Effective control of tick infestations on dogs is important to reduce the risk of transmission of bacterial, viral, and protozoal pathogens. Laboratory studies were initiated to determine the efficacy of lotilaner against common ticks infesting dogs in the United States.
Eight studies investigated the efficacy of lotilaner against ticks. In two studies dogs were infested with both Dermacentor variabilis and Rhipicephalus sanguineus: one additional study was completed for each of these species. Two studies assessed infestations with Amblyomma americanum and two with Ixodes scapularis. In all studies, dogs were ranked and blocked by counts from pre-treatment infestations and randomly allocated, at least eight per group, to be treated orally with lotilaner (minimum dose rate 20 mg/kg), or to be untreated controls. Treatments were administered on Day 0, within 30 min after dogs were fed. In all studies, infestations were performed with 50 adult ticks on Days -2, 7, 14, 21 and 28, and also on Day 35 for R. sanguineus, D. variabilis and I. scapularis. Tick counts were completed 48 h after treatment or after each subsequent challenge. An adequate infestation was defined as at least 25% of the infestation dose recovered from each of at least six control animals at each evaluation. Efficacy calculations for the primary objective were based on geometric means.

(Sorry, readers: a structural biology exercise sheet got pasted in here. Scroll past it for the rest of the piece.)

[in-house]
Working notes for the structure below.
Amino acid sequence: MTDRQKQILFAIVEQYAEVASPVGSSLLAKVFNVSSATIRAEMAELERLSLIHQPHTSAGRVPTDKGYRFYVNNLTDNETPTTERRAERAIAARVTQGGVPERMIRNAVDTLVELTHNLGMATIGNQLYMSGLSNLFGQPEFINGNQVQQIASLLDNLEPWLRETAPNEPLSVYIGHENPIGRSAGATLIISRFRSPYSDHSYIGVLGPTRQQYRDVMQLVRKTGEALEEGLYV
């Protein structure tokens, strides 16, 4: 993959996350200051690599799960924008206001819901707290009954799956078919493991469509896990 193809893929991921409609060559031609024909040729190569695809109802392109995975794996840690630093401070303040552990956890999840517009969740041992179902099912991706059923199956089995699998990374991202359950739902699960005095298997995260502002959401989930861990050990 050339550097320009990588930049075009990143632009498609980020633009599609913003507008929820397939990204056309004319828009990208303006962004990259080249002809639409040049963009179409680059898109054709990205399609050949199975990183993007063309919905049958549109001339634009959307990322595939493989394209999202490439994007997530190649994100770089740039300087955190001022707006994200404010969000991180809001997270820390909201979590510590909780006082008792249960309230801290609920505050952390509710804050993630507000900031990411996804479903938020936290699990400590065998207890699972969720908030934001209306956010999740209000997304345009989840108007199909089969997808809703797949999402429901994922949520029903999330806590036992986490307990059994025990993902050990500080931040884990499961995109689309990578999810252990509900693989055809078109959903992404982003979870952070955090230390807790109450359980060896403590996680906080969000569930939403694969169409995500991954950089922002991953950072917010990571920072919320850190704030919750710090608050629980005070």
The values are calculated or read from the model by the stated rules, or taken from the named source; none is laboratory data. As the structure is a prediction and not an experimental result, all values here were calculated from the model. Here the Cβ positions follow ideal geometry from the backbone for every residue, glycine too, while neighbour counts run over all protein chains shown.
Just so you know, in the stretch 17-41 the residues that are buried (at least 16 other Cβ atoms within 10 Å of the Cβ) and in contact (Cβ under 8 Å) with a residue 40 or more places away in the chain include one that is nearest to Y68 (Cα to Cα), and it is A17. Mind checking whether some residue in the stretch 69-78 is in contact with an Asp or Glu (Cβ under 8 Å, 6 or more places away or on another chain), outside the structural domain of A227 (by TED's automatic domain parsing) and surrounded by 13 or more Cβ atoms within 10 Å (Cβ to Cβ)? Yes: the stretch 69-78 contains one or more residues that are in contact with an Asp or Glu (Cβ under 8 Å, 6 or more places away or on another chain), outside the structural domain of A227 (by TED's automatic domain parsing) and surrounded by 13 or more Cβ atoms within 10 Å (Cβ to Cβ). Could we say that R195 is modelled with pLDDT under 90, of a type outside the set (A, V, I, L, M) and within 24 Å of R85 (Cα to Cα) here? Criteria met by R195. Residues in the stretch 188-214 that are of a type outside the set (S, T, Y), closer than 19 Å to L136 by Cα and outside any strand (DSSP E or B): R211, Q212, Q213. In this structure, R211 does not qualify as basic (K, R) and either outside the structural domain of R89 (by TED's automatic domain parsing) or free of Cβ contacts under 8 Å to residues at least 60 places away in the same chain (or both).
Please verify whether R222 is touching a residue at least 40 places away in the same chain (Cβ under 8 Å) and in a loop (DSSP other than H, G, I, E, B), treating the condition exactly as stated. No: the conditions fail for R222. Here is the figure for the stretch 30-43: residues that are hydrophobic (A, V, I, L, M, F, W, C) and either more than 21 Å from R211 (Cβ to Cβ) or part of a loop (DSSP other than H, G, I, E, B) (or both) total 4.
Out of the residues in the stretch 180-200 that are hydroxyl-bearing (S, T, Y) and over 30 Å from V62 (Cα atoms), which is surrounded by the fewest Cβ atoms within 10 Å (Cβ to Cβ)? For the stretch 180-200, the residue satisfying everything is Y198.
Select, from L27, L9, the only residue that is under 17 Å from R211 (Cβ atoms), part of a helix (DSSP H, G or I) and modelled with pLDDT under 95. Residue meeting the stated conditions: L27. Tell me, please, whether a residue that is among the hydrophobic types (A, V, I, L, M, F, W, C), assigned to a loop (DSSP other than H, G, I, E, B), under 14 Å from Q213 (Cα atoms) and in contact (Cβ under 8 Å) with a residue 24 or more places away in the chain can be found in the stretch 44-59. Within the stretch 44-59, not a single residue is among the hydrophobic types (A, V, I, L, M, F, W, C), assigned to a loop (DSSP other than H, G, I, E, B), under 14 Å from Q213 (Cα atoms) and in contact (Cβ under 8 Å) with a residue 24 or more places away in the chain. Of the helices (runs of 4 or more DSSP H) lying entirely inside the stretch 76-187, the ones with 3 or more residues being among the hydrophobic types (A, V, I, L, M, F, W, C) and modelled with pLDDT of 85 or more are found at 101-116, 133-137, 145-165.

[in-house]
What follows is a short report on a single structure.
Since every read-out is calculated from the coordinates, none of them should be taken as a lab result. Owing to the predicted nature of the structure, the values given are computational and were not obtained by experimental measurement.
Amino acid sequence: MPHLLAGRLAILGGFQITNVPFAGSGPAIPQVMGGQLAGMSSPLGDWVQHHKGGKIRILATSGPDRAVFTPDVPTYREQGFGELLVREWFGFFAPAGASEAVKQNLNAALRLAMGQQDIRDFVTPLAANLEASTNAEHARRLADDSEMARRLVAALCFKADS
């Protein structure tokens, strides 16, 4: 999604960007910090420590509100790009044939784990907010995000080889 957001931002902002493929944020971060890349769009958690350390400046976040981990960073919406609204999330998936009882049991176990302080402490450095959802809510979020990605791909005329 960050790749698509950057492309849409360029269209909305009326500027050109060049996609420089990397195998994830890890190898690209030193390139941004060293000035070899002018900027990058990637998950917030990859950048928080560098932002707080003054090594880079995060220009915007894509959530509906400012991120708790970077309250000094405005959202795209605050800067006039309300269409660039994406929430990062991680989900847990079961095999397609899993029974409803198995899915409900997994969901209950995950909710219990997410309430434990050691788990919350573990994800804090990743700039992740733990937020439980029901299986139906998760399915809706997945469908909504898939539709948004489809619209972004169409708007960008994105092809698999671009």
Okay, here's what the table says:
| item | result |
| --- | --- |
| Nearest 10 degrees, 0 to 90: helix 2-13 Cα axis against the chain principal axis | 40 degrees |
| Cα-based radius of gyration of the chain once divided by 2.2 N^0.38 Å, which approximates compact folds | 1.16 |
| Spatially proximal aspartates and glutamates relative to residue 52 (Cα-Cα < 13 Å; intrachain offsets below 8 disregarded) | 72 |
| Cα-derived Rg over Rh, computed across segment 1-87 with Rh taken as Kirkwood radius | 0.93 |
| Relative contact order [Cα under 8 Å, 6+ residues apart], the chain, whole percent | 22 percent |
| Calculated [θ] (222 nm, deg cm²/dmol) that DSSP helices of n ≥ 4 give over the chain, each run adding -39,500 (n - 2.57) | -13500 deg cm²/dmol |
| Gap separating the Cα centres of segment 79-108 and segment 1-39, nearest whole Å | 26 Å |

In all studies, lotilaner was 100% effective against existing infestations. For post-treatment assessments, on only two occasions did efficacy fall below 99%: in one D. variabilis study efficacy was 98.0% on Day 35 and in one I. scapularis study efficacy on Day 16 was 98.4%. Only mild and transient adverse events were observed, and none were considered to be related to treatment.
Lotilaner was completely effective against existing infestations with four common species of ticks, D. variabilis, R. sanguineus, A. americanum and I. scapularis, that affect dogs in North America, with at least 4 weeks efficacy of 98.0% or more against subsequent challenge infestations. These results show that lotilaner is a highly effective isoxazoline that offers sustained efficacy against ticks through and beyond the one-month end-of-dose treatment interval.